SANGYO EISEIGAKU ZASSHI
Online ISSN : 1349-533X
Print ISSN : 1341-0725
ISSN-L : 1341-0725
Volume 52 , Issue 2
Showing 1-4 articles out of 4 articles from the selected issue
Originals
  • Hidetoshi SADACHI, Yoshinori MURAKAMI, Manabu TONOMURA, Yukihiro YADA, ...
    2010 Volume 52 Issue 2 Pages 67
    Published: 2010
    Released: April 08, 2010
    [Advance publication] Released: February 17, 2010
    JOURNALS FREE ACCESS
    Objectives: We evaluated the usefulness of tooth brushing with toothpaste as active rest using the flicker value as a physiological parameter and a subjective questionnaire as a psychological parameter. Methods: Seventeen healthy, right-handed subjects (12 males and 5 females) aged 22.5 ± 1.5 yr (mean ± standard deviation) were randomly divided into tooth brushing with toothpaste (N=9) and non-tooth brushing groups (N=8). The subjects performed a serial calculation task for 20 min using personal computers. Subsequently, the tooth brushing group brushed their teeth, and the flicker value and mood were compared before and after the tooth brushing. Results: The flicker value significantly increased in the tooth brushing group compared with the non-tooth brushing group (p<0.05). Concerning the mood, in the tooth brushing group, the incidence of a “feeling of being refreshed” significantly increased (p<0.05), that of “concentration power” or a “feeling of clear-headedness” tended to increase (p<0.1), and that of “lassitude” or “sleepiness” significantly decreased (p<0.01). Conclusions: Somatosensory stimulation and intraoral tactile stimulation during tooth brushing activated cerebral activity, producing refreshing effects. These results suggest the applicability of tooth brushing to active rest.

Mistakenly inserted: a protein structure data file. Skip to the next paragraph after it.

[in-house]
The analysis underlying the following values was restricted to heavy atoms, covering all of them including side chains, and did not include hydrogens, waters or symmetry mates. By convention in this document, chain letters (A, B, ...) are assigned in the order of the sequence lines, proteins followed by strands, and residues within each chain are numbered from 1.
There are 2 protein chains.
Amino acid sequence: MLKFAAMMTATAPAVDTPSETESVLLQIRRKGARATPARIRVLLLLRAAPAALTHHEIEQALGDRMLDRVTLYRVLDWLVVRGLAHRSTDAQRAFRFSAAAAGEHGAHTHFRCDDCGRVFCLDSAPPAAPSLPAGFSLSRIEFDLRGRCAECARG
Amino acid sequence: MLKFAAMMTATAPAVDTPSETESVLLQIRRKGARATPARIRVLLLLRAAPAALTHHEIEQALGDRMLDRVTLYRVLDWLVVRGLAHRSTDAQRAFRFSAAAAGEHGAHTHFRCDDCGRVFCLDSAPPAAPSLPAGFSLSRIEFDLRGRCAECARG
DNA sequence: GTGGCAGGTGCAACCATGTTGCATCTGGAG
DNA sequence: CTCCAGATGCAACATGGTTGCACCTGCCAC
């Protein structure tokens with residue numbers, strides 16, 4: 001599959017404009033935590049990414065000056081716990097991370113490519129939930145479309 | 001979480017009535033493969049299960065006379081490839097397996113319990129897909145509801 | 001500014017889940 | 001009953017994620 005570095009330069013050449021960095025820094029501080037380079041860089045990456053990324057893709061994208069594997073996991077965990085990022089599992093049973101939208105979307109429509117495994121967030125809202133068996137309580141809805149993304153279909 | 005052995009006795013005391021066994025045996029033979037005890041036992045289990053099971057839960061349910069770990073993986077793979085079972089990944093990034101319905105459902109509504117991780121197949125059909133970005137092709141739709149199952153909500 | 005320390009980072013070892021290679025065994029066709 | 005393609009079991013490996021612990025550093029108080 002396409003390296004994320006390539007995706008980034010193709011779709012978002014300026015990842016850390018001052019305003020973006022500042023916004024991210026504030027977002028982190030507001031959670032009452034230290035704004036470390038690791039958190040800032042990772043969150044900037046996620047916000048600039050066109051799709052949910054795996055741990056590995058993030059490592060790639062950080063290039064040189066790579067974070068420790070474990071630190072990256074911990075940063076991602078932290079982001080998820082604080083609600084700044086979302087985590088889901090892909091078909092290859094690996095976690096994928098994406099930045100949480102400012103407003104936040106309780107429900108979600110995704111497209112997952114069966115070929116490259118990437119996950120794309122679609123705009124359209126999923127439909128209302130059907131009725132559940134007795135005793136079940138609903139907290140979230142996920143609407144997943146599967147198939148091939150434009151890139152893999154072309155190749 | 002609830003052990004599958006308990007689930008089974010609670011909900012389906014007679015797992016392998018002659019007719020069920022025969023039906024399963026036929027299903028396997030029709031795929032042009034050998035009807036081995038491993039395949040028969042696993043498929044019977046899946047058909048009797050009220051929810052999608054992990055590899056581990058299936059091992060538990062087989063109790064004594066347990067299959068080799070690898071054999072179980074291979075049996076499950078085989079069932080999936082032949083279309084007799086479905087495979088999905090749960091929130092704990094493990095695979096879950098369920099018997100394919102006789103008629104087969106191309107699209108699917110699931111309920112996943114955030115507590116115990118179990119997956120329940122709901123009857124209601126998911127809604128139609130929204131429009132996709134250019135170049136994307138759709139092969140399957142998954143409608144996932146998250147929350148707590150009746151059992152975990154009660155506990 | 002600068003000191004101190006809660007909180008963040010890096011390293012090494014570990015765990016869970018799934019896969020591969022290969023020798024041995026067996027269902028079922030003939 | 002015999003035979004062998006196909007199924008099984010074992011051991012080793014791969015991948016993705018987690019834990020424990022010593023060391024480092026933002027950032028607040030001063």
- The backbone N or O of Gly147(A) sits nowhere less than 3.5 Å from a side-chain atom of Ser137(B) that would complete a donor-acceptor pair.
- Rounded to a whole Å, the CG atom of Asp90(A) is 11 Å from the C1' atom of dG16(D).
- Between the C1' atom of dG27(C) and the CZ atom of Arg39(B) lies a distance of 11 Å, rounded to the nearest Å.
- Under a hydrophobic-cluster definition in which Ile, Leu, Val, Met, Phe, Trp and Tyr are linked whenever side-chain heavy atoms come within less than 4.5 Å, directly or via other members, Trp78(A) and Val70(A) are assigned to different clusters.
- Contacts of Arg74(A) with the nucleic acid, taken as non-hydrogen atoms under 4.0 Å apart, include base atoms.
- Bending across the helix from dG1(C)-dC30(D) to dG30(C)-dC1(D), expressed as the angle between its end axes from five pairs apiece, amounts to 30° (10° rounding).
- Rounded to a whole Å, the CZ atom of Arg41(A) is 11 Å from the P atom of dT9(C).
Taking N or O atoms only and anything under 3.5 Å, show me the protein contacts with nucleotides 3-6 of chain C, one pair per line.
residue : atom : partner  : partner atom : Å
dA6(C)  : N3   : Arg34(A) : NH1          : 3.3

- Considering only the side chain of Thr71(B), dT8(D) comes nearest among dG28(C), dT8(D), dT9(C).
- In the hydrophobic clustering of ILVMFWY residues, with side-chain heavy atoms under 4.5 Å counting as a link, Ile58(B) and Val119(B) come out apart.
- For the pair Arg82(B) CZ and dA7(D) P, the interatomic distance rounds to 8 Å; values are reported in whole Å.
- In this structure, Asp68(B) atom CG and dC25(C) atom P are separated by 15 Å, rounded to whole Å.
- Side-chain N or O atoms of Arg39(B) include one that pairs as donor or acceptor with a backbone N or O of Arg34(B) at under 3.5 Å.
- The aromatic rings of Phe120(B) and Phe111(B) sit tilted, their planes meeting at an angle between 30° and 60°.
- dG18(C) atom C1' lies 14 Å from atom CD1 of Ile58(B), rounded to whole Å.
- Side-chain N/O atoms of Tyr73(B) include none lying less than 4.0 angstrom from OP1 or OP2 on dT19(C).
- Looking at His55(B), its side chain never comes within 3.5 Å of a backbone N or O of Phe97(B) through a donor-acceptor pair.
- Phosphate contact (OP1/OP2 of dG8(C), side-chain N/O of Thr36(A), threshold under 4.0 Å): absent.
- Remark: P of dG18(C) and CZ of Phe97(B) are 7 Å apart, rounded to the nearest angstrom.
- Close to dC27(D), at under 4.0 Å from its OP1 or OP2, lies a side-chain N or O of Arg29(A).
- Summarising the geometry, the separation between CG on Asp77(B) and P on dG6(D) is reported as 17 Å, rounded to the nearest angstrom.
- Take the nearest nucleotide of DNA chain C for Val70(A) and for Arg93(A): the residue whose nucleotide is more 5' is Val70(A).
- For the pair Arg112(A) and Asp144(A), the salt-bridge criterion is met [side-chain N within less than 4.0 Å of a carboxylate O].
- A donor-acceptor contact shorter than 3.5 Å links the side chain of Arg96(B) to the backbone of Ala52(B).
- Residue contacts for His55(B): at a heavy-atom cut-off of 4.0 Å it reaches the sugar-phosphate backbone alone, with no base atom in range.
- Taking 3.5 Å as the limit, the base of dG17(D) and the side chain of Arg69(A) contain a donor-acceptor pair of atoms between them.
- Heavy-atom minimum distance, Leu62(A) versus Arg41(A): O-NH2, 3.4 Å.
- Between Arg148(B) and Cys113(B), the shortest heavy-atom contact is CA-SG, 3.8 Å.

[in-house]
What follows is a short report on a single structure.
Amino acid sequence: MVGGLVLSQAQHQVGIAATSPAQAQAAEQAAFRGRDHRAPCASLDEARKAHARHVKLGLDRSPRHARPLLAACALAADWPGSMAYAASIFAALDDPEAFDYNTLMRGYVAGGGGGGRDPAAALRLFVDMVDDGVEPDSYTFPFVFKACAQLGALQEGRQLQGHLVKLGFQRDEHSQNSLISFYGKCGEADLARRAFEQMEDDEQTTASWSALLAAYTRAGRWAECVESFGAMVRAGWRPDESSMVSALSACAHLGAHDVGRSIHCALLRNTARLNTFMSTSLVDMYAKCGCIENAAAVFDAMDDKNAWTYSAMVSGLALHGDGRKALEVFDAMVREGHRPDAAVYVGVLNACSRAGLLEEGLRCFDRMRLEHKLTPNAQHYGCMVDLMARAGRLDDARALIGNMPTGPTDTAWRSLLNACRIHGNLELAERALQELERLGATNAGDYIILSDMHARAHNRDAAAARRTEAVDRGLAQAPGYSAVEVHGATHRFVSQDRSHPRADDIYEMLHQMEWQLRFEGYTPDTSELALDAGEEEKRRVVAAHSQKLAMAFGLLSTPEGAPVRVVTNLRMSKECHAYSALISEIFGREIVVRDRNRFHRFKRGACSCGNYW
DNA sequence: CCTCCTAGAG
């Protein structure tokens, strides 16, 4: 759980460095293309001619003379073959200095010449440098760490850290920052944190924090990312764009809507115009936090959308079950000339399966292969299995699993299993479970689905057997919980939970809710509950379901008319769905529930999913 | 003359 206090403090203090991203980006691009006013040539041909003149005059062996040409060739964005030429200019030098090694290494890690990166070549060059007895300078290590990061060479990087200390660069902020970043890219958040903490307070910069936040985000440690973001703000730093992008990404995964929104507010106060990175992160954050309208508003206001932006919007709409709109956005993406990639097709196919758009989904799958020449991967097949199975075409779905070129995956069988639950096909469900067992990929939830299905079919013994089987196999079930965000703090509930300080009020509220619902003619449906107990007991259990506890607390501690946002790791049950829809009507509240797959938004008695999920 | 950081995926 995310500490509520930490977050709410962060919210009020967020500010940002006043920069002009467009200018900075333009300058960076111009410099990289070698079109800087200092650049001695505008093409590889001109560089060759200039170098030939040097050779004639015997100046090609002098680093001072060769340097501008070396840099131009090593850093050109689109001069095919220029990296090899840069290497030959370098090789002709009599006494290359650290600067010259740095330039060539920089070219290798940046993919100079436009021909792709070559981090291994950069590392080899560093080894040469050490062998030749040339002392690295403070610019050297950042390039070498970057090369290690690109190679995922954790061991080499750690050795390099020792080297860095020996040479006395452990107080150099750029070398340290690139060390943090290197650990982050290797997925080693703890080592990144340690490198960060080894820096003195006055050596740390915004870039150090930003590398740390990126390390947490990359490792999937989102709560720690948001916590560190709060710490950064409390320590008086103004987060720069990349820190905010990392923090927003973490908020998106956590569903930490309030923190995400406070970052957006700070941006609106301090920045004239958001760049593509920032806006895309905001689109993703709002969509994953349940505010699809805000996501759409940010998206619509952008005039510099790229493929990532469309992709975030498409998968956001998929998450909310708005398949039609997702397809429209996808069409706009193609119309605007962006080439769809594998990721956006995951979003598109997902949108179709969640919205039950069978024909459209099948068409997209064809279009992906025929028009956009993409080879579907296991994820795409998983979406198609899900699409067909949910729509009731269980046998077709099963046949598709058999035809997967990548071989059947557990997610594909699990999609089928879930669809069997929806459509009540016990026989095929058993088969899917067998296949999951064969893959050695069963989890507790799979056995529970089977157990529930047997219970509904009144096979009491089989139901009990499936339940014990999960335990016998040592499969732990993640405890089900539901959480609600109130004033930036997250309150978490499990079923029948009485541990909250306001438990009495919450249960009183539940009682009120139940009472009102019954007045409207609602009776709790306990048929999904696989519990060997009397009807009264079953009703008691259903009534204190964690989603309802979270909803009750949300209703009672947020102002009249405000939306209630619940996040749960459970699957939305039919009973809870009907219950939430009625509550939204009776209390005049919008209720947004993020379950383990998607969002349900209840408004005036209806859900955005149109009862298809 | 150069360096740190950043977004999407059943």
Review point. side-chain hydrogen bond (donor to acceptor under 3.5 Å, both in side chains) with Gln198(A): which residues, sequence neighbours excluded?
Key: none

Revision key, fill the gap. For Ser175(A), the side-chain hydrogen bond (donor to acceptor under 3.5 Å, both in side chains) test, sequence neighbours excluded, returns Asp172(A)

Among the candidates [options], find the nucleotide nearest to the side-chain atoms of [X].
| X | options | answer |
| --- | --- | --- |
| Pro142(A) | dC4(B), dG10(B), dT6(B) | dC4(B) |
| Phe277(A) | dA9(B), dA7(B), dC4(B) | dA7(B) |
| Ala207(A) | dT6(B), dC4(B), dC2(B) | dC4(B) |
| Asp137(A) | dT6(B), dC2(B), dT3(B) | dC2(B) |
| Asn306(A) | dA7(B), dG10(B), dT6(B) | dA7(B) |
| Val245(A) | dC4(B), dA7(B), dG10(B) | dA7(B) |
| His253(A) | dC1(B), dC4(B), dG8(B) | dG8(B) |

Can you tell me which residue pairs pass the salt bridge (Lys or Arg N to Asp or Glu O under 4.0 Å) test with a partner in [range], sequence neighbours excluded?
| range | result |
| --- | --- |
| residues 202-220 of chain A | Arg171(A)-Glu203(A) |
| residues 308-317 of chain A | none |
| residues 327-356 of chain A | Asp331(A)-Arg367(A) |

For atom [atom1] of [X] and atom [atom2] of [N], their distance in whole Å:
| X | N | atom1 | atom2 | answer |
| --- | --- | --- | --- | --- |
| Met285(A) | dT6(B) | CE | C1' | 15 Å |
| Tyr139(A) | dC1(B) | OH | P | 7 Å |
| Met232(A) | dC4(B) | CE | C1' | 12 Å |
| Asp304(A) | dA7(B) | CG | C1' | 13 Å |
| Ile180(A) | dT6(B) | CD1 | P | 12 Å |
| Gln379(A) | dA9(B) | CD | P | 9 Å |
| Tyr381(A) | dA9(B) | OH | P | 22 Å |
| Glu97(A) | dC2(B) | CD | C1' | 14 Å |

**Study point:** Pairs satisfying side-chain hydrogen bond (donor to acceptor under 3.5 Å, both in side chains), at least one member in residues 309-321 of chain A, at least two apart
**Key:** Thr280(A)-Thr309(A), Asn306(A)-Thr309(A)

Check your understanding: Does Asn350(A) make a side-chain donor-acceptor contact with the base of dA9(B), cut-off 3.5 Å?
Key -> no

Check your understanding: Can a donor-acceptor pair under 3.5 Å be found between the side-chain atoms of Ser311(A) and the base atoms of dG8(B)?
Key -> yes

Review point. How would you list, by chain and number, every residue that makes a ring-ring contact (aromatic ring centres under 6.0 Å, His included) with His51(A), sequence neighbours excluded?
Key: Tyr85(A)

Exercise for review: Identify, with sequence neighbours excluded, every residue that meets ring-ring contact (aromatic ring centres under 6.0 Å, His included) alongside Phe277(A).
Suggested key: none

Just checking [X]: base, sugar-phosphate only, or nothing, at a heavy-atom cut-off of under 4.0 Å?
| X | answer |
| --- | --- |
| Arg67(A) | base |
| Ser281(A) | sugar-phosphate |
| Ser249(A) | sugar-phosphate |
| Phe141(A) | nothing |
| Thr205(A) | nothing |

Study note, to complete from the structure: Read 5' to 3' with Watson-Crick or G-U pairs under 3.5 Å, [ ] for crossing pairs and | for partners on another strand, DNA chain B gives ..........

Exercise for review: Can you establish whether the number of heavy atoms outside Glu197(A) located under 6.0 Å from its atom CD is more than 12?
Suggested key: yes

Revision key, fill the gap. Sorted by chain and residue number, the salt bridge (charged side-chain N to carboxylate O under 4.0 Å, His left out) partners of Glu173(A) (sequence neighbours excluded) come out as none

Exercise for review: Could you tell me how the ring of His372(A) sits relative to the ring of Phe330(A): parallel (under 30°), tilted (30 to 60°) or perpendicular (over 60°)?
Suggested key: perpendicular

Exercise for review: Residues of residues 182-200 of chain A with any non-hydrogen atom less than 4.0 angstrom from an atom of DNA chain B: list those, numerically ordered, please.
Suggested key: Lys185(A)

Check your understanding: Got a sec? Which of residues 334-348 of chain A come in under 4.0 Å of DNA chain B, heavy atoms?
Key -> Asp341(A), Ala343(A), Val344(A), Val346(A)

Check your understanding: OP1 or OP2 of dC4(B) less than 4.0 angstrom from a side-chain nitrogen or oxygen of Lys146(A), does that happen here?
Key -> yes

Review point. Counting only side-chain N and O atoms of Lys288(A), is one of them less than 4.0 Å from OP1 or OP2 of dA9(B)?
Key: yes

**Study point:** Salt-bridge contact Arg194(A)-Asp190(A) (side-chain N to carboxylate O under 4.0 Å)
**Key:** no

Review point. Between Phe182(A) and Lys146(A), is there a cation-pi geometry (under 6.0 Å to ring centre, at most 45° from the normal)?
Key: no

(San Ei Shi 2010; 52: 67-73)
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  • Keiko MIYAJIMA, Jin YOSHIDA, Shinji KUMAGAI
    2010 Volume 52 Issue 2 Pages 74
    Published: 2010
    Released: April 08, 2010
    [Advance publication] Released: February 17, 2010
    JOURNALS FREE ACCESS
    Objectives and Methods: Recently, the use of ortho-phthalaldehyde (OPA) has been increasing as an alternative to glutaraldehyde for endoscope disinfection. To better understand OPA exposure and its health effects among disinfection workers, we conducted environmental monitoring and administered a questionnaire in 17 endoscope disinfection rooms. There were 9 manual disinfection rooms using immersion vats for scope disinfection and 8 automatic rooms using automatic washers. Results: OPA exposure concentration during the disinfection process of scope was significantly higher in the manual group (median: 1.43ppb, range: not detected (ND-5.37ppb) than in the automatic group (median: 0.35 ppb, range: ND-0.69 ppb). Similarly, during charging and discharging the antiseptic solution, OPA levels were significantly higher in the manual group (median: 2.58 ppb, range: 0.92-10.0 ppb) than in the automatic group (median: 0.46ppb, range: ND-1.35 ppb). Time-weighted averages of OPA exposure concentration during work shifts were 0.33 to 1.15 ppb (median 0.66 ppb) in the manual group and 0.13 to 1.28 ppb (median 0.33 ppb) in the automatic group, which suggests that manual workers are exposed to OPA at higher levels. Among 80 female disinfection workers who used only antiseptic solutions containing OPA, the incidence of disinfection-related complaints were 10% skin, 9% eye, and 16% respiratory symptoms. Conclusions: These findings suggest that it is desirable to introduce automatic washers to decrease OPA exposure levels among disinfection workers.